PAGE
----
In a post from nearly a month ago entitled “Fragmented into Beauty,” I pulled the following quote from a dream Hal describes on page 68:
We sort of play. But it’s all hypothetical, somehow. Even the ‘we’ is theory: I never get quite to see the distant opponent, for all the apparatus of the game.
So imagine my surprise (I wish I could say I was prescient or that I had picked this out on a prior reading) when I stumbled across this on page 338 in what turns out to be sort of a riveting and hilarious riff on boundaries (which was the context for that earlier quote):
Players themselves can’t be valid targets. Players aren’t inside the goddamn game. Players are part of the apparatus of the game. They’re part of the map. It’s snowing on the players but not on the territory. They’re part of the map, not the cluster-fucking territory. You can only launch against the territory. Not against the map. It’s like the one ground-rule boundary that keeps Eschaton from degenerating into chaos.
Within the Eschaton section — about which I’ll be frank: I heaved a sigh when I started in on the first few pages of it, having forgotten what a payoff there was if you only got through the first few sloggy pages — you’ve got this treatment of territory vs. map within the game, which is played by kids framed within a set of tennis courts, framed within a tennis academy, framed within a made-up town in a reconfigured continent. There’s a lot of framing and boundary stuff going on here. Wallace takes it a little farther, even, by interrupting the Eschaton with brief, apparently insignificant, yank-you-out-of-context descriptions of the idling mint-green sedan and then again with note 130 sort of editorializing on Pemulis’s diction.
I don’t know exactly what Wallace is doing here, but I think he’s playing with authorial or narrative boundaries in some way, for one thing. There are several mentions of absorption (even, on 340, of being “paralyzed with absorption,” which, hey, anybody heard of a little film that paralyzes people with absorption?) and engrossment. Maybe Wallace is perforating the Eschaton story frame with these interjections in order to sort of yank us out of what became, for me, at least, absorption in the notion of territory vs. map.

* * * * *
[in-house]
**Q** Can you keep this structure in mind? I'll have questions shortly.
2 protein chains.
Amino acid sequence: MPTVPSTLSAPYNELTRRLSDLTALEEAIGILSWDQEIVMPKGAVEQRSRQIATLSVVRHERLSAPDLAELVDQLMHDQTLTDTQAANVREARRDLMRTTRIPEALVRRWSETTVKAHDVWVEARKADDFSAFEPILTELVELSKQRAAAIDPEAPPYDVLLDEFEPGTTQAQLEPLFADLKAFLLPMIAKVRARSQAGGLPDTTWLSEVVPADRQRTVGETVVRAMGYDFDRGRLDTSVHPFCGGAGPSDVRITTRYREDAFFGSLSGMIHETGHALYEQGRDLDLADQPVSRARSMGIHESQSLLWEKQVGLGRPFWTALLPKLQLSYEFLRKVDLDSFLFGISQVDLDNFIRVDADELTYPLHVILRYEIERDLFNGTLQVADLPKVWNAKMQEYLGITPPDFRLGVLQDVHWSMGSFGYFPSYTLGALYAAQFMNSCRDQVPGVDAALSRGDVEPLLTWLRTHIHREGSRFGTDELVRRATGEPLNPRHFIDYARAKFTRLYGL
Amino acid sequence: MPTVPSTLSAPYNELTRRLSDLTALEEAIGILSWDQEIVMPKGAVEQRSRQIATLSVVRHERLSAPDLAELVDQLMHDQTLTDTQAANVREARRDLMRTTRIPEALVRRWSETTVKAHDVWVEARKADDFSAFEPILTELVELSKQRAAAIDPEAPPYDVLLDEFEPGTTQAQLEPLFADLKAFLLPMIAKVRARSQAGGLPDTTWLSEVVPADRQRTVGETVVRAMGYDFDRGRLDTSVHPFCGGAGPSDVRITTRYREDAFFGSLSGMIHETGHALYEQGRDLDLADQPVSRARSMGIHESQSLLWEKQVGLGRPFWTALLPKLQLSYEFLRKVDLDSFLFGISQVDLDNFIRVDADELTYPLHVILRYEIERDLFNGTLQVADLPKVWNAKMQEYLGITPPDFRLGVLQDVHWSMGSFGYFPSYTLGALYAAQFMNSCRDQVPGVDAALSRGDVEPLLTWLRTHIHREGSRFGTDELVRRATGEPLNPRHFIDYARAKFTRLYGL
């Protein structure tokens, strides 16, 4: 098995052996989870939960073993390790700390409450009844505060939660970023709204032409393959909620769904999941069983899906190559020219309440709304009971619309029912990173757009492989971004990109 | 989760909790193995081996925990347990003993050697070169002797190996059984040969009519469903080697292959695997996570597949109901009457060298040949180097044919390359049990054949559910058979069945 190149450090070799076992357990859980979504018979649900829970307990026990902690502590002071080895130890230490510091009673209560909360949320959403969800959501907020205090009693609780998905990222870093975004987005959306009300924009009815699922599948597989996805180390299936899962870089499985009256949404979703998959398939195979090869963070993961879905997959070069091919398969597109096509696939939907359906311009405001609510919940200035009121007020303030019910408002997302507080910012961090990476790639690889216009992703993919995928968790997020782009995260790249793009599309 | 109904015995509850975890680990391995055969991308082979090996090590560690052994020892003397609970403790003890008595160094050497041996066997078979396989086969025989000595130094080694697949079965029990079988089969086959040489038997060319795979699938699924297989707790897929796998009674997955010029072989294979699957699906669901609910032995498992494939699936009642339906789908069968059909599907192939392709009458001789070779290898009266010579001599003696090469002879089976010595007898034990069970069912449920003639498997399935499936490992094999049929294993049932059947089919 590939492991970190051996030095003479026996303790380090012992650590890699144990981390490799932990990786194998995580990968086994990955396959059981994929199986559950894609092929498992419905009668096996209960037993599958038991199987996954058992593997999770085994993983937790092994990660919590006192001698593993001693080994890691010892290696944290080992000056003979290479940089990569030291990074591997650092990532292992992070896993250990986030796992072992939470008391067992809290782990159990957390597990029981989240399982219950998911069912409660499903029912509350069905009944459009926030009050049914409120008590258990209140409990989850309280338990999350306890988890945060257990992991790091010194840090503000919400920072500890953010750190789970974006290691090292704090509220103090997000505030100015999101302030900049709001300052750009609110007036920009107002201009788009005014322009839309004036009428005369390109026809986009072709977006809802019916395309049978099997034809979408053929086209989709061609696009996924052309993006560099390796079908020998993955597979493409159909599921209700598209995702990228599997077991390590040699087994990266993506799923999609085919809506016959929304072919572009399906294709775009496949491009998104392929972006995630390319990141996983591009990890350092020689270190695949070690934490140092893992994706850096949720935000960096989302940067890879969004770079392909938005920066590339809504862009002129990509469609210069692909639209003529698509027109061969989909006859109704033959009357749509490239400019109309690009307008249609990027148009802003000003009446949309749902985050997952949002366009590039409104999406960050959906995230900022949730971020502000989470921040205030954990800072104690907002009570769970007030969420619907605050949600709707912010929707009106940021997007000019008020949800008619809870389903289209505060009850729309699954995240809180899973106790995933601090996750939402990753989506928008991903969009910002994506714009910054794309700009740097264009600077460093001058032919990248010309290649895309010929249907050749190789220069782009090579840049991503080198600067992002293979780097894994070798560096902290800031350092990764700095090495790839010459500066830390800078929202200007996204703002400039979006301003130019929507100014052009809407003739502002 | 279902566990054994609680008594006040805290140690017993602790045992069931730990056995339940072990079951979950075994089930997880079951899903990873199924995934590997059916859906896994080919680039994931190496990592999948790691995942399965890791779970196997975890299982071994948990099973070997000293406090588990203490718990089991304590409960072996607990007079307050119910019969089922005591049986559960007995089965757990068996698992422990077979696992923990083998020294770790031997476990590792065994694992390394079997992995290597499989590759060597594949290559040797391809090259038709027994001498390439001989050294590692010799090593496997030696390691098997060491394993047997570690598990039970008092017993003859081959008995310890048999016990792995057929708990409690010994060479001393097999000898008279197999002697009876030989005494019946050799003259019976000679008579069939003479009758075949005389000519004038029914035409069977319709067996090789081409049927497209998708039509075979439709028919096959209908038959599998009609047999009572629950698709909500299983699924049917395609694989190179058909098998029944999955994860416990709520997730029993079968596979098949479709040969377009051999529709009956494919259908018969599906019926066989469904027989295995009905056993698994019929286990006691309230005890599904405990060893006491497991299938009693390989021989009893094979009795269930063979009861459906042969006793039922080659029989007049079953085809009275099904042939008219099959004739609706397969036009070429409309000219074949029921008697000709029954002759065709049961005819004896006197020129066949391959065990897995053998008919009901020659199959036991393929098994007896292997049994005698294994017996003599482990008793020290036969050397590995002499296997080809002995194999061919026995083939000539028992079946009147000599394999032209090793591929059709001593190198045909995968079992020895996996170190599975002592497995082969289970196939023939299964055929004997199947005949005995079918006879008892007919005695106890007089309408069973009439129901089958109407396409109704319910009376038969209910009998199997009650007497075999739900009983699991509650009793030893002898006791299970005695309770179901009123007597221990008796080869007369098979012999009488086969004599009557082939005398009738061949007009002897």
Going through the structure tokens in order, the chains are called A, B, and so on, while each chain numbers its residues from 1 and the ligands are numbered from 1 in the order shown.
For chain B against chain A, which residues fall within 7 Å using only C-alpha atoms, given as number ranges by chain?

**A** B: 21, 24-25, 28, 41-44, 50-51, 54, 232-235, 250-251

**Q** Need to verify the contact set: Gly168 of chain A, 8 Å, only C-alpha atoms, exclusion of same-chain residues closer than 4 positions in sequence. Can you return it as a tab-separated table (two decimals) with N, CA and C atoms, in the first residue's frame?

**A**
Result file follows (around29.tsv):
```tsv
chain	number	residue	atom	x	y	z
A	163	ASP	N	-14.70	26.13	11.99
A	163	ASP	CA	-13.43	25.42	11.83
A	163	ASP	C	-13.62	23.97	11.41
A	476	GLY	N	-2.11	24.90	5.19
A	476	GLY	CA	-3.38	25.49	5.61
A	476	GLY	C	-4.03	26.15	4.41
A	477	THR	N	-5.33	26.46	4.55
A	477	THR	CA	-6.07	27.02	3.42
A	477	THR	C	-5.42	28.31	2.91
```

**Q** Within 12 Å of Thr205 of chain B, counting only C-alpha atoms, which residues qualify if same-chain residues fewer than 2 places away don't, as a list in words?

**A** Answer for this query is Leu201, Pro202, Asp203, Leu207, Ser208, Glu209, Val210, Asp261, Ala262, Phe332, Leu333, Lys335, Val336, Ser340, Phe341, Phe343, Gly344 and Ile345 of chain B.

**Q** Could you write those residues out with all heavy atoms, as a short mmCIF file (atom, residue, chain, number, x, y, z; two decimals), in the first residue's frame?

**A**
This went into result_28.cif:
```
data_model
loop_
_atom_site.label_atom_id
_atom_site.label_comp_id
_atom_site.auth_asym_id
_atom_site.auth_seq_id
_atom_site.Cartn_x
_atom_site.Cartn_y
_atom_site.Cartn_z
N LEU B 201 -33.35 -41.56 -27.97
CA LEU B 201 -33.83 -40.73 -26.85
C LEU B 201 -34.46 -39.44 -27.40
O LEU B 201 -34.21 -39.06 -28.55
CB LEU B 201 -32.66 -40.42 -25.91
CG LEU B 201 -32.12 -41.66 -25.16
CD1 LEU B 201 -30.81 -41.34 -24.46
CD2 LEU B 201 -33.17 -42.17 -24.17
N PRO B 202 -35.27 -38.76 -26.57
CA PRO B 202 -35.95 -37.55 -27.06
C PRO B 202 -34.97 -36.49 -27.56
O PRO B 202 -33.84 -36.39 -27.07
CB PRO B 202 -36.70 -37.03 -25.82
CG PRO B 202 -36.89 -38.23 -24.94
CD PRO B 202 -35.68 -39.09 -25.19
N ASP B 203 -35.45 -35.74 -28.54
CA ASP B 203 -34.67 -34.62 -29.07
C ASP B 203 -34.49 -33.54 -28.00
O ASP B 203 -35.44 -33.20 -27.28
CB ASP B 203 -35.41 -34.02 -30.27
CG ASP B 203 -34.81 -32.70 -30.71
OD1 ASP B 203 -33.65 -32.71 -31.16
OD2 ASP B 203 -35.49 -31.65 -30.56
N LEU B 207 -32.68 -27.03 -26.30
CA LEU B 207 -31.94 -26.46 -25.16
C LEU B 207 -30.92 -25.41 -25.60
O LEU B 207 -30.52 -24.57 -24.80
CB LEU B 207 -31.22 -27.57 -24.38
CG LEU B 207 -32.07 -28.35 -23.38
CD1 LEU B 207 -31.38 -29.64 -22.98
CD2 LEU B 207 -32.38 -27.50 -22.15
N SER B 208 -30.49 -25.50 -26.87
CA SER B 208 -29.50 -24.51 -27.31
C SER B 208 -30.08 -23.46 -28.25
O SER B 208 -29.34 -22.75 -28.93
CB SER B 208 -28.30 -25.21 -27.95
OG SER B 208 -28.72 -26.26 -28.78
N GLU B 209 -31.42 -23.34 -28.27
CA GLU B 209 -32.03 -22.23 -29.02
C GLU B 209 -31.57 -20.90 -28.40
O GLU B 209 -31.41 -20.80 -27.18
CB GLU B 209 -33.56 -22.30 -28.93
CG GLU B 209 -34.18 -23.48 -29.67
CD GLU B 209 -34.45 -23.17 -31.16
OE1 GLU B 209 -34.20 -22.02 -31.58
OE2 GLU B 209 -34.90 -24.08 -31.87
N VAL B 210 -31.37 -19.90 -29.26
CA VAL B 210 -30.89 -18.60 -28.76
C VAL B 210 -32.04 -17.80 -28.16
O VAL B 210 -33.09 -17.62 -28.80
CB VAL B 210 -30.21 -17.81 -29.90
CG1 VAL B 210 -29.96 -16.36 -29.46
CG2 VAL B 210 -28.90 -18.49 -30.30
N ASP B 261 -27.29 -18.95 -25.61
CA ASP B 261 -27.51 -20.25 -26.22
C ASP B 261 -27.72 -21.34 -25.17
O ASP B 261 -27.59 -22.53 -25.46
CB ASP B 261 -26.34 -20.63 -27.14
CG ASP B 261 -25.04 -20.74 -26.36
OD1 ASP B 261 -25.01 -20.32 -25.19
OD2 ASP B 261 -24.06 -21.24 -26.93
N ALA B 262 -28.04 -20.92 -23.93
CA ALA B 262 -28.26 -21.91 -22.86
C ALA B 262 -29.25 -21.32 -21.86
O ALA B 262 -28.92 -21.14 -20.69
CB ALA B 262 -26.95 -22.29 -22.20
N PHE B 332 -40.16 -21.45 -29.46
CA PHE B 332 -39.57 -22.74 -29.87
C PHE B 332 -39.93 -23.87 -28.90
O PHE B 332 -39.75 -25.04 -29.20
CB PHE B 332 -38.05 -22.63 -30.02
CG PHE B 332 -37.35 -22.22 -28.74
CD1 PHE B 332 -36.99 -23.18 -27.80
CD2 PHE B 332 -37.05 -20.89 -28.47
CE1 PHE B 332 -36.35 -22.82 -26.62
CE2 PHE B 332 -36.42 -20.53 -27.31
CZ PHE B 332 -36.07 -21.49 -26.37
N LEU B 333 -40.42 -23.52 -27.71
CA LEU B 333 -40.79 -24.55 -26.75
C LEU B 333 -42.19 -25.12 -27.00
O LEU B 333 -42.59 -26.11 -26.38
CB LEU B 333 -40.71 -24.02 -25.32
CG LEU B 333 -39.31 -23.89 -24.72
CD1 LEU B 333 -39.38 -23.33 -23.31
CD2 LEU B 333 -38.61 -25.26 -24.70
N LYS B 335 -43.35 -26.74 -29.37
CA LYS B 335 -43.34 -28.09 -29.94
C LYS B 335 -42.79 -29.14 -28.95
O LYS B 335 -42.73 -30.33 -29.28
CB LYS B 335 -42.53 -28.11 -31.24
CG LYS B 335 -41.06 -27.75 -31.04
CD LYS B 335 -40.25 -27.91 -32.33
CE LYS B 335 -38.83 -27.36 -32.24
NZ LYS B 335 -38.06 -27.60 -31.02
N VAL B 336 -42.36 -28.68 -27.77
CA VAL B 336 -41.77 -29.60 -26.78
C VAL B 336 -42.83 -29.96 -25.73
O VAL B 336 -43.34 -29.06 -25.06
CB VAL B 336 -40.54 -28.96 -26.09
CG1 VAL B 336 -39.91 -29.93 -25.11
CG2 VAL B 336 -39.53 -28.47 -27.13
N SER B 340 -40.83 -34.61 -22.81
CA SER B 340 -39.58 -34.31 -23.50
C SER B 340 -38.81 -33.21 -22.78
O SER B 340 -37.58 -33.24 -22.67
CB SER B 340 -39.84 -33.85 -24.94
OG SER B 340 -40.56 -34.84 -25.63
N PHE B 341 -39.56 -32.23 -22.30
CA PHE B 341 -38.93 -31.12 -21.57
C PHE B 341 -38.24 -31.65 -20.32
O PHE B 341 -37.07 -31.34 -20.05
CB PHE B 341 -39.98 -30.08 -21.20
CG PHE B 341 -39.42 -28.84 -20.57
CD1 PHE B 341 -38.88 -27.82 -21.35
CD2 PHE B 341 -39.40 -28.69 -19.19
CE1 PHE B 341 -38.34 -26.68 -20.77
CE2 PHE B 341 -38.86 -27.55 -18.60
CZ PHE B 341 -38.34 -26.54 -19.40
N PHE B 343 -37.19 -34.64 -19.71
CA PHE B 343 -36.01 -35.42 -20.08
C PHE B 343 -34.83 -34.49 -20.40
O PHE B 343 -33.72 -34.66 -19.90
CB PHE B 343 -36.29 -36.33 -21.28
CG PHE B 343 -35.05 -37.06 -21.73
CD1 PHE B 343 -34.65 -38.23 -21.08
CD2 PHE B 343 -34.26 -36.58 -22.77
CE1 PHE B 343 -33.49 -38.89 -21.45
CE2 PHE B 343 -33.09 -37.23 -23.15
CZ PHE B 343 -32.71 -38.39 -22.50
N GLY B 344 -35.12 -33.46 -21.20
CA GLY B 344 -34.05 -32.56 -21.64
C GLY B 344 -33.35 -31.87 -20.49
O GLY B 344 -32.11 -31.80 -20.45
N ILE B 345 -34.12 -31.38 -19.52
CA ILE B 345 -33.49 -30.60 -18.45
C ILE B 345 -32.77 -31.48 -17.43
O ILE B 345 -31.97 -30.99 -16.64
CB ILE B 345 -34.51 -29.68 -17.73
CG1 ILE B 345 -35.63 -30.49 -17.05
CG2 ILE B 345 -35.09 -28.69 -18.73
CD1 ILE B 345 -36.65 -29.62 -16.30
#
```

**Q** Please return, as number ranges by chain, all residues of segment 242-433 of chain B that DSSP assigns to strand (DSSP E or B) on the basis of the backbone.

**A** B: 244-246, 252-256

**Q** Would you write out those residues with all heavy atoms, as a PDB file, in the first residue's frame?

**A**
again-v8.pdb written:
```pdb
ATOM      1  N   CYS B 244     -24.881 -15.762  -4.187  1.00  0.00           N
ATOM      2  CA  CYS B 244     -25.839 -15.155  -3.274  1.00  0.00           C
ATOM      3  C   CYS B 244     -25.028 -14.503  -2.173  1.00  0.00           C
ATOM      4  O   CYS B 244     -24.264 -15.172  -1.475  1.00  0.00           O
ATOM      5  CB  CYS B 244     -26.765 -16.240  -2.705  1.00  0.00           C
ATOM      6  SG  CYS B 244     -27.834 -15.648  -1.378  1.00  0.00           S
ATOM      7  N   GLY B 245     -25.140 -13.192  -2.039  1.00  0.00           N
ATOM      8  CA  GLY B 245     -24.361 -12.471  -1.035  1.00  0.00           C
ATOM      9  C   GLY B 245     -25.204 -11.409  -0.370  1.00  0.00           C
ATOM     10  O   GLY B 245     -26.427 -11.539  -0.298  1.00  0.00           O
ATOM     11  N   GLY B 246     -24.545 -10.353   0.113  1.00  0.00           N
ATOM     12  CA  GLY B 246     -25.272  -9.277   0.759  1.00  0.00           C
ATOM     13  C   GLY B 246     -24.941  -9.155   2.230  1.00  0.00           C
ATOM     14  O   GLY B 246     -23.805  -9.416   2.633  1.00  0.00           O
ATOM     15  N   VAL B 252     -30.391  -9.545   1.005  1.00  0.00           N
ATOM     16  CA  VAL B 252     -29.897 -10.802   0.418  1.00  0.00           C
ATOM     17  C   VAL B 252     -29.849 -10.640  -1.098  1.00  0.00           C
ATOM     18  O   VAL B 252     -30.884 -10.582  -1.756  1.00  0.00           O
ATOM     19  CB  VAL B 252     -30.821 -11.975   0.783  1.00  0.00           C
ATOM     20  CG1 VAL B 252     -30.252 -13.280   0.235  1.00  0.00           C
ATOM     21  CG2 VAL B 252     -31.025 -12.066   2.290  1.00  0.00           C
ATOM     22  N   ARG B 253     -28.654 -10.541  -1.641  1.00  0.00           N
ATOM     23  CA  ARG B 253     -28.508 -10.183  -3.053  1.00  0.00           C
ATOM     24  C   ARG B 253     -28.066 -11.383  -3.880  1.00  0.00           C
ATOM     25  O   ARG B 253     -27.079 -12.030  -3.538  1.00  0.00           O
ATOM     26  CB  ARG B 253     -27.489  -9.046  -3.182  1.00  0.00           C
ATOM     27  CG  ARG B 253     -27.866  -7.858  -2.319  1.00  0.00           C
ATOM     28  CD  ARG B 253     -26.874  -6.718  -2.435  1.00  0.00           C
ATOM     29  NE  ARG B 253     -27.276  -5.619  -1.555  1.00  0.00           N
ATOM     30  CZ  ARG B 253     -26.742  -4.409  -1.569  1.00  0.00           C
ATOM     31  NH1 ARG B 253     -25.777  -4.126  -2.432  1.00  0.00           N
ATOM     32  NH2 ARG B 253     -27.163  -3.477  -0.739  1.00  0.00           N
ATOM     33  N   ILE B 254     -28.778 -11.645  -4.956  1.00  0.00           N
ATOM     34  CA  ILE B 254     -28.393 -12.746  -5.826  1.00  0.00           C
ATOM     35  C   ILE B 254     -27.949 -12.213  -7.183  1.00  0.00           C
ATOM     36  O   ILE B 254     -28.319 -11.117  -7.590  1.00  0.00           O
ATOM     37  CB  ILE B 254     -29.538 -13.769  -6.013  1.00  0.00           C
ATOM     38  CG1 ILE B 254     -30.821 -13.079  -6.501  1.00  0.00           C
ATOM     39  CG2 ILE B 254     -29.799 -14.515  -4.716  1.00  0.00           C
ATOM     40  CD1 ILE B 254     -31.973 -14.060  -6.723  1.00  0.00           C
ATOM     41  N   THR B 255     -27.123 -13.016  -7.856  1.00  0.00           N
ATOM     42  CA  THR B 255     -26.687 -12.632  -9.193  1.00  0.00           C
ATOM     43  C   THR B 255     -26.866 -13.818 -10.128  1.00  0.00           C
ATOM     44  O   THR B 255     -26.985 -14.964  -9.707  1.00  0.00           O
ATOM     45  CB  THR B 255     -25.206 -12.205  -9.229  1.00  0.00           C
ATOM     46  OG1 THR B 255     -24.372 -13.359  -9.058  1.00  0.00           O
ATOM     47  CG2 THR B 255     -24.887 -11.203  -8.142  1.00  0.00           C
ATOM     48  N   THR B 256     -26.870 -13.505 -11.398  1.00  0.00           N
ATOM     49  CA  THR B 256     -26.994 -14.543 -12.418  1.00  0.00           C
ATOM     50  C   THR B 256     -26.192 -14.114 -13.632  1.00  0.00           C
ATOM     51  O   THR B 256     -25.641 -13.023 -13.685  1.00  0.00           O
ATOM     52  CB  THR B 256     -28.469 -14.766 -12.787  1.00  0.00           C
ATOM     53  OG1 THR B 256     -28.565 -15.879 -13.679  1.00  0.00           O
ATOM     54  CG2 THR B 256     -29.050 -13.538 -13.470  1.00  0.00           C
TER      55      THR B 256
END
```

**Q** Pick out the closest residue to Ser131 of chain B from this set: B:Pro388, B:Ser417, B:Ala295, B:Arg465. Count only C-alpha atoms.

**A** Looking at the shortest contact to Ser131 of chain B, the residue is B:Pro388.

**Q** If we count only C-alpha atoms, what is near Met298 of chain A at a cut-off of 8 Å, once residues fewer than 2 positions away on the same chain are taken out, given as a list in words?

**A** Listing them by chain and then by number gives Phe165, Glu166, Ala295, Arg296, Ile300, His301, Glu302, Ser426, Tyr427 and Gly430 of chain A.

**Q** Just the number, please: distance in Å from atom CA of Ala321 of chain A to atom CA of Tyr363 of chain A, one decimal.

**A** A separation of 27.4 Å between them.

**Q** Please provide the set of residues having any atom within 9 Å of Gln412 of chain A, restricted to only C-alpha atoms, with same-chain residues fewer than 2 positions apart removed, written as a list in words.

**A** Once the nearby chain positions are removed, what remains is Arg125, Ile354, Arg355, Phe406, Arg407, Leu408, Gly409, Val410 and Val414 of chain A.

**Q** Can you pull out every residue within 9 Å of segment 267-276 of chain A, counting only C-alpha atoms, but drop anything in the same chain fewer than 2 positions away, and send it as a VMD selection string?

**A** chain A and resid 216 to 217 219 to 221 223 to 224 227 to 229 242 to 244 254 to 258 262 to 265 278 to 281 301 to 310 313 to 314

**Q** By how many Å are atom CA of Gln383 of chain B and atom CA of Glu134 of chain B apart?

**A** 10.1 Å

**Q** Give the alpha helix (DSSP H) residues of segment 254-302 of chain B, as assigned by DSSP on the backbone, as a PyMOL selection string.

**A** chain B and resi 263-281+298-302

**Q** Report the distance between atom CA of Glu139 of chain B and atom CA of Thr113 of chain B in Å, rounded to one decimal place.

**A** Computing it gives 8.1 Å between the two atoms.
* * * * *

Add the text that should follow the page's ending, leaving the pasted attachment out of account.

In his story Mister Squishy, Wallace deals with framing as well, as applies to market research. Sort of the holy grail of market research within the story is a scenario in which the market itself (rather than easily-contaminated focus groups, etc.) provides the data for testing the market. And of course this is actually now possible (and Wallace was flirting with the idea) via web site tracking, A/B testing, etc.. An excerpt (emphases mine):
For now, in Belt and Britton’s forward-looking vision, the market becomes its own test. Terrain = Map. Everything encoded. And no more facilitators to muddy the waters by impacting the tests in all the infinite ephemeral unnoticeable infinite ways human beings always kept impacting each other and muddying the waters.
Both Mister Squishy and Infinite Jest treat of the notions of maximizing pleasure and of giving yourself away to something larger and meaningful outside your own solo frame of reference. I think Wallace was very much concerned with escaping the destructive frames of reference (the cages of addiction and solipsism, for example), and this meditation (though it’s too zany to be a meditation, I suppose) on territory vs. map in Infinite Jest, well, maybe it’s calling attention to how easily our frames of reference (self vs. other; healthy indulgence a la Schacht vs. absorption) can be blurred and how bad things can result from that blurring. I’m still trying to piece all of it together, and I haven’t even given much thought yet to the actual map/territory/concavity/convexity parts of the story yet.
I won’t write today about the AA stuff, though I think it’s brilliant and horrible and beautiful and probably exactly right. There’s also something weird about the page numbers for this spoiler-line, which seems to end right in the very middle of the AA section.